Me (outwardly): Uh huh...that sounds OK.   I'll check my calendar.

Understanding Anxiety
Please don't make me do this.  
And it's not just large gatherings that frighten the life out of me.  Oh no.  I can be just as awkward with two people; particularly when I don't know them well.  I'm taking friends of friends, family of friends; and anyone I suspect might judge me in an unfair light just because I don't talk incessantly about nothing (apart from on this blog, obvs)

I am definitely the type of person that it takes a good while to get to know.  I'd say about 30 years will do it.   I have a small group of friends that I am entirely comfortable with, but I might not always be relaxed if we're all together at the one time.  It doesn't mean I'm being awkward; it just reflects my anxiety.   And, no, it's not just a case of 'chilling out'. 

A friend and I were recently planning a night in London, where she was off to get some work done on a tattoo and I was tagging along because she seems to like my company.  I was partly excited about the prospect, but also partly not.    It has nothing to do with the person or the destination, just about all the unknown things that could occur.

I spend a LOT of time worrying about things that will never happen.  I also spend an inordinate length of time imagining the most weird and wonderful scenarios (none of them pleasant) that I convince myself WILL ABSOLUTELY happen if I dare to go ahead with my plans.

Understanding Anxiety
One of the many disasters that's bound to happen when I make plans. 
Just because there hasn't been zombie apocalypse in Shoreditch before, does NOT mean it won't happen on the very day I'm there.   I've seen Shaun of the Dead; I know it's possible. Also, you know...bombs going off; getting lost; getting on the wrong train and ending up in France; falling over in front of people in the street, and any combination of two or more of the above.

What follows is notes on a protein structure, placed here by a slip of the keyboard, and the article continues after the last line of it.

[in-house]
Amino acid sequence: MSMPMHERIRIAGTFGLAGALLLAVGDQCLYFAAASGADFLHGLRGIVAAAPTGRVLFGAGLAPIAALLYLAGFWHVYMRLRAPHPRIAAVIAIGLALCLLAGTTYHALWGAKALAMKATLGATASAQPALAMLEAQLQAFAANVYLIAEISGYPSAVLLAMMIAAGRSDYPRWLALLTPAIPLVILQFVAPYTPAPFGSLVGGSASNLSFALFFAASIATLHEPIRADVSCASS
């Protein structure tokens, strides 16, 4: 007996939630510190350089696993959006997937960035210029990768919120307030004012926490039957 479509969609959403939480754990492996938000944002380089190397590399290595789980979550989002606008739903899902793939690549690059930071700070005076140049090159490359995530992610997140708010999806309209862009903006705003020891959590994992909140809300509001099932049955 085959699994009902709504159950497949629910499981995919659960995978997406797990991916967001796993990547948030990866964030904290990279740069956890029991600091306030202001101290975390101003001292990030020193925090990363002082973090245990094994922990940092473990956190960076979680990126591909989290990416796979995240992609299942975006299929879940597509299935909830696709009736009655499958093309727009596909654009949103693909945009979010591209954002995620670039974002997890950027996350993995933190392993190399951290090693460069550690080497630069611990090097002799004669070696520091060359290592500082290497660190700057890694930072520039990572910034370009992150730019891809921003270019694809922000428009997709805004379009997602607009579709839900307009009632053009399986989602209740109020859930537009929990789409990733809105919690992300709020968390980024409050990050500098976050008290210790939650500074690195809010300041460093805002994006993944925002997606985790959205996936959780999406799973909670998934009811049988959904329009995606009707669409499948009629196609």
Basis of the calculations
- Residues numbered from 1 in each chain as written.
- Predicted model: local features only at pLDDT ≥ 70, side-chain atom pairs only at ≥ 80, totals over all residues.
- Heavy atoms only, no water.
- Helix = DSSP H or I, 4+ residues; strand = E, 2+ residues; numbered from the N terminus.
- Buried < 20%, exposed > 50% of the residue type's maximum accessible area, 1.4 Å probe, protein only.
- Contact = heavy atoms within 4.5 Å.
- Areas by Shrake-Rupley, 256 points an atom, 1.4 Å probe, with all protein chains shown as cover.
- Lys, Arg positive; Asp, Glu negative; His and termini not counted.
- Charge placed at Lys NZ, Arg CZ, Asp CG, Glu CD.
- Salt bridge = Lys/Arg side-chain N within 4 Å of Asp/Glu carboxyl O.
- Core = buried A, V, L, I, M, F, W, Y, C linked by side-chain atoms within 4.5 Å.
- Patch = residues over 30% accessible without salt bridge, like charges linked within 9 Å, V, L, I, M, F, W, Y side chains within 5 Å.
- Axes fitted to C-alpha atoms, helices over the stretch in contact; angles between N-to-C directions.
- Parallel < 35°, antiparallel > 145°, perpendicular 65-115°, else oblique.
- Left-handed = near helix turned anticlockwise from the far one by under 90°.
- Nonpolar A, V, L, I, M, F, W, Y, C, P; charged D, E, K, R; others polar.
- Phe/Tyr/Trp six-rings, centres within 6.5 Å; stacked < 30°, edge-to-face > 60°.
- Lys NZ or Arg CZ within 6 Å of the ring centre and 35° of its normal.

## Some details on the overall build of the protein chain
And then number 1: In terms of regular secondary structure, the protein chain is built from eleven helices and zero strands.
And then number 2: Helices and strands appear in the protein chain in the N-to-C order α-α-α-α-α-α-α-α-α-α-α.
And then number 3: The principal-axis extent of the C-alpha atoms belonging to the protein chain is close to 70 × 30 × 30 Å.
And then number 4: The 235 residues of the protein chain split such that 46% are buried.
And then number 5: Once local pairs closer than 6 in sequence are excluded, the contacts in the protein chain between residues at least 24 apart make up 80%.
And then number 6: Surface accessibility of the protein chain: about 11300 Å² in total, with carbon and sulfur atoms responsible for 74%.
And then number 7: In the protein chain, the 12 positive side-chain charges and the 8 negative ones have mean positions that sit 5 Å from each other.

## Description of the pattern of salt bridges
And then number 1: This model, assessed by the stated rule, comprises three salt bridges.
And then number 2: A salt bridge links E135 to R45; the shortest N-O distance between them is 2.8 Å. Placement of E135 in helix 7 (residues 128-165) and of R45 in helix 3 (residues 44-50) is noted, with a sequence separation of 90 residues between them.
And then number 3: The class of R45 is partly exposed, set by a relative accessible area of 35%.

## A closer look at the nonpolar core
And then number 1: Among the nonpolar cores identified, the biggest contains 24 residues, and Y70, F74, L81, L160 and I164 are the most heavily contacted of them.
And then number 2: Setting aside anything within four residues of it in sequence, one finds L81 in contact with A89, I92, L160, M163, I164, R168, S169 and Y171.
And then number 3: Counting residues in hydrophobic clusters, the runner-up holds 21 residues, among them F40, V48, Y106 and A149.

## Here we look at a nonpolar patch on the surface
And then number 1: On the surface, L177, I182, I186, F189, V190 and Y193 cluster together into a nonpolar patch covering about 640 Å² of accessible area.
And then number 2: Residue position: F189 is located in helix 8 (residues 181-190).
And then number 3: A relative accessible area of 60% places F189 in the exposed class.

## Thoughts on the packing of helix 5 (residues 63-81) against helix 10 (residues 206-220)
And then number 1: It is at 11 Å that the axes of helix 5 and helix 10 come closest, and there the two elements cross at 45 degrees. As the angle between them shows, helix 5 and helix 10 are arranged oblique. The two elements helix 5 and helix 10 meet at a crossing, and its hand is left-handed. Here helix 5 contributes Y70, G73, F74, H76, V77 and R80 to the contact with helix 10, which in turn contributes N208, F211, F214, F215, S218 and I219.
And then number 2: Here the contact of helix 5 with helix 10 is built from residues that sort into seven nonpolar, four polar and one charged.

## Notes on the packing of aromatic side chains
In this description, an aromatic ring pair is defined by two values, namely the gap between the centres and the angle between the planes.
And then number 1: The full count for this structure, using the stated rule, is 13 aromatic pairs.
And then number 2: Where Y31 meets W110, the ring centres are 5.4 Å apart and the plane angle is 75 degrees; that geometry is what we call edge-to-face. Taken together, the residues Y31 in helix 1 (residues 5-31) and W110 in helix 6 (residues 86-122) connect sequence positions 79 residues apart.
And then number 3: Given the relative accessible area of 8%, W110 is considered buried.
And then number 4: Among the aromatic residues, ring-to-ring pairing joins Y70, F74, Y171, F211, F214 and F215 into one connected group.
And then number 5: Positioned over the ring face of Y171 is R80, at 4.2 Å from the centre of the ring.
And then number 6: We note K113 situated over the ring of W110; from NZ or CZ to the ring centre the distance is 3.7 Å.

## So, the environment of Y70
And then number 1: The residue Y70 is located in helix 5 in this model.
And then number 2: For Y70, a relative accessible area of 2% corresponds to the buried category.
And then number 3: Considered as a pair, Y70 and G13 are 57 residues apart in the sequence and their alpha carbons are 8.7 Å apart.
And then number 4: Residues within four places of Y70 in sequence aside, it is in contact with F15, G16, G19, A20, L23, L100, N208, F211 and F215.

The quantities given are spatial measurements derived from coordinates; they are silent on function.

Anxiety isn't just restricted to social situations.  Work events can be equally nightmare inducing.   These days, I work in an office and am no longer driving/flying/sailing across Scotland trying to find island huts with no postcode.    This has greatly reduced the stress that comes from having zero sense of direction.

This stress has now been replaced by wondering if my Scottish accent is too strong for Welsh people to understand; hoping I don't often anyone on a second by second basis; being worried about asking questions when I have no clue what I'm doing; and generally being anxious about Every. Single. Thing.   It's not that much fun thb.  

One of the worst situations at work is the dreaded Team Meeting.  I don't want to be there; I don't want to speak; I dread being asked my opinion and, generally, I'm counting down the seconds until I can get out.   I like everyone, but I just don't want to gather round in a big group and talk about stuff.  It's my idea of Hell.  

Understanding Anxiety
Lord, take me now.  
Again, this often makes me seem as if I don't care of have no interest in the topic being discussed.  It's not:  I just find it difficult to chat about it with everyone at the same time.    Individually?  Not a problem.   Unfortunately, the world doesn't work in the way I'd like it to and I have resigned myself to being the 'odd' or 'shy' one.